Kyle J. Norton

I have truly believed that scientists have found a natural ingredient for define-aging, but it was shelved as it offers no commercial value. If one is published with effectiveness more superior than the currently sold products, it may be a death spell to many companies which rely totally in selling cosmetic products.
Anti-aging and maintaining our youthful appearance has been researched throughout human civilization. Today, these researchers have become more aggressive as finding a workable agent may produce billions of dollars of profits to the found company. According to statistics, Global Anti-Aging Products Market will reach $291.9 Billion by 2015.

Dehydroascorbic acid (DHA)(*) 12% concentration may be a potent solution in regained the youthfulness of forearm between the wrist and elbow in stimulated reproduction of collagen against Skin sagging due to aging progression.

Abstract
Introduction
Skin aging is one of the most visible ageing processes that occur constantly in our skin organ. Many ingredients from synthetic and natural sources have been proven in studies to have certain effects on skin aging. In our previous study, Dehydroascorbic acid (DHA) at 4% showed a significant improvement in smoothing of the skin, skin elasticity, firming, disappearance of black and white heads, liver spots, pigmentation, and healing acne and acne scars. In this study, Dehydroascorbic acid (DHA) at 12% is tested for its effectiveness in stimulated reproduction of collagen in the forearm between the wrist and elbow.

Method of Experimentation
10 Patients at age 59 -60 (5 females and 5 males; 5 Caucasians, 3 Asians and 2 Africans) were recruited to test for aging process due to loss of collagen causes of skin sagging in the forearm (left or right) between the wrist and elbow.

Patients must also agree during the study that they will not to use any other topical products (such as including moisturizers, sunscreens, and fragrances, make-up and any facial procedures such as peels, facials, microdermabrasion, and injection of botulinum toxin type A or dermal fillers) but the testing solution. The study also examines the patient with any cosmetic surgery and/or medication use of which may interfere with the study, as well as history of facial skin diseases. All patients are also required to sign an informed consent. Solutions of Dehydroascorbic acid (DHA)(*)were remixed every 3 days in order to maintain their refreshness and concentration levels.
Patients were instructed to stir the solution well with wooden chopstick or ice cream stick and wear glove when apply the solution to prevent oxidation causes of brownness in the palm and figure nails due to high concentration of the solution, as well as to cover the applied areas before going out to extreme sunlight.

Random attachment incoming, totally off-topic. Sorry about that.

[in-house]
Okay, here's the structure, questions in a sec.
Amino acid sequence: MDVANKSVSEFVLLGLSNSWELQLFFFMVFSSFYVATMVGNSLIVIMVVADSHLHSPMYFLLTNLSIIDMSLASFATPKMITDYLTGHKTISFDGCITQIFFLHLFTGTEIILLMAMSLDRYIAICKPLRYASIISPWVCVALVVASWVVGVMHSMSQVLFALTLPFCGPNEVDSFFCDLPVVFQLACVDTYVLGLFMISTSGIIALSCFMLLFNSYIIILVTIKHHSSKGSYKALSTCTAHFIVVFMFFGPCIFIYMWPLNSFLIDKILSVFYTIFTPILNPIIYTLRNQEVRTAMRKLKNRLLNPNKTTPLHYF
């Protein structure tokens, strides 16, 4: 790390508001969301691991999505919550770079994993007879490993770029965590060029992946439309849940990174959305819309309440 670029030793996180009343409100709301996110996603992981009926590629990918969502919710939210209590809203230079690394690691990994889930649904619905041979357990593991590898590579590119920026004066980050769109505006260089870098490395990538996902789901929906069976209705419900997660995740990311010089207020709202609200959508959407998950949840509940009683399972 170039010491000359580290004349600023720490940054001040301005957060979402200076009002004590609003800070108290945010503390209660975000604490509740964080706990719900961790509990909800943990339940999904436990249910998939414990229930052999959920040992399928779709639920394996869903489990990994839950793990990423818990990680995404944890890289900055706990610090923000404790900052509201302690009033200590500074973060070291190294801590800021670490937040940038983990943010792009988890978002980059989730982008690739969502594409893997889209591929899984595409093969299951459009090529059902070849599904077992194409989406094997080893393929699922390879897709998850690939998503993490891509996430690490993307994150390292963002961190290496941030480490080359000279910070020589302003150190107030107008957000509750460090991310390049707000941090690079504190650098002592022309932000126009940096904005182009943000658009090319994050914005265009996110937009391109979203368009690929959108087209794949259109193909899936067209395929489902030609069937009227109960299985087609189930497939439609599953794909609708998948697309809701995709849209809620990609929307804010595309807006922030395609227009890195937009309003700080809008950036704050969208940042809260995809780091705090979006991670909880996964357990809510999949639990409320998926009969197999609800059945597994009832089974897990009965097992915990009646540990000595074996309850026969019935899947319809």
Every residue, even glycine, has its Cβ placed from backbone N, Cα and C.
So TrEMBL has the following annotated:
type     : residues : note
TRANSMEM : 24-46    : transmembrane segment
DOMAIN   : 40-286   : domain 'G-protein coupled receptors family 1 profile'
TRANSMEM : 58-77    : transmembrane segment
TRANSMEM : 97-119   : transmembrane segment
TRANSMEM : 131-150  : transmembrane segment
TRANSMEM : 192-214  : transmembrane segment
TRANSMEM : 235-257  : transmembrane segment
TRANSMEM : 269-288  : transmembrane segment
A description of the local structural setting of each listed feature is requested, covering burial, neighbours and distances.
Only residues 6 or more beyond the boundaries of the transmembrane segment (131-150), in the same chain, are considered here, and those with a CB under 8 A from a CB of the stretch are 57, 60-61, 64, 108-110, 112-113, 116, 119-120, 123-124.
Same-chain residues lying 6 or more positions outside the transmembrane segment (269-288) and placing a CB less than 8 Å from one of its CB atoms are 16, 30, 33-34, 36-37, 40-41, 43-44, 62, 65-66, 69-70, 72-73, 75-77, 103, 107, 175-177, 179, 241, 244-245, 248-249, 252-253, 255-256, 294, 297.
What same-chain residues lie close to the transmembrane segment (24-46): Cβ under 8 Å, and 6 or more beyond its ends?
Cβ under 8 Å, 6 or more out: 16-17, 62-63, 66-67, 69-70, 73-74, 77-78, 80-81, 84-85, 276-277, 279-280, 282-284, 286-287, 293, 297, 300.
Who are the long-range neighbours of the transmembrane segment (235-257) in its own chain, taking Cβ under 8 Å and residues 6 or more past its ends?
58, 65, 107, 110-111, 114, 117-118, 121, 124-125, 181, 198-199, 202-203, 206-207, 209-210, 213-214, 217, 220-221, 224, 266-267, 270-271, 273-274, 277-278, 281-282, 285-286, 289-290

Patients were also instructed to apply the provided solution on their forearm between the wrist and elbow for a duration of 12 weeks. Forearm up to the wrist examinations were conducted and recorded every 4 weeks.

Results
All patients completed the trial. Topical administration of Dehydroascorbic acid (DHA)(*) 12% showed to stimulate the reproduction of collagen in enhancing the youthfulness of the applied area up to 95% in 4 patients

Conclusion
Treatment of concentrations of Dehydroascorbic acid (DHA)(*) at 12 % exhibited a significant efficacy in rejuvenation of the youthfulness of forearm between the wrist and elbow through reproduction of collagen skin smoothing, elasticity, firming, probably through anti-inflammatory and skin absorption pathways, in doses, skin aging progression and durative depending manner. It may be used to rejuvenate the skin in other parts of the body. Since the experimental group is small in nature, further studies with a larger sample size are necessary to improve the ingredient’s validation.

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Introduction
Skin aging is one of the most visible aging processes that occur constantly in our skin. According to the Clinical Centre of Nis, certain plant extracts may have the ability to scavenge free radicals to protect the skin matrix through the inhibition of enzymatic degradation, or to promote collagen synthesis in the skin, and affect skin elasticity and tightness (a). Another study suggested that free radicals induced domino effects in production of reactive oxygen species and can react with DNA, proteins, and fatty acids causing oxidative damage and impairment of the antioxidant system, leading to injuries, damage of the regulation pathways of skin causing wrinkles, roughness, appearance of fine lines, lack of elasticity, and de-pigmentation or hyperpigmentation marks (b).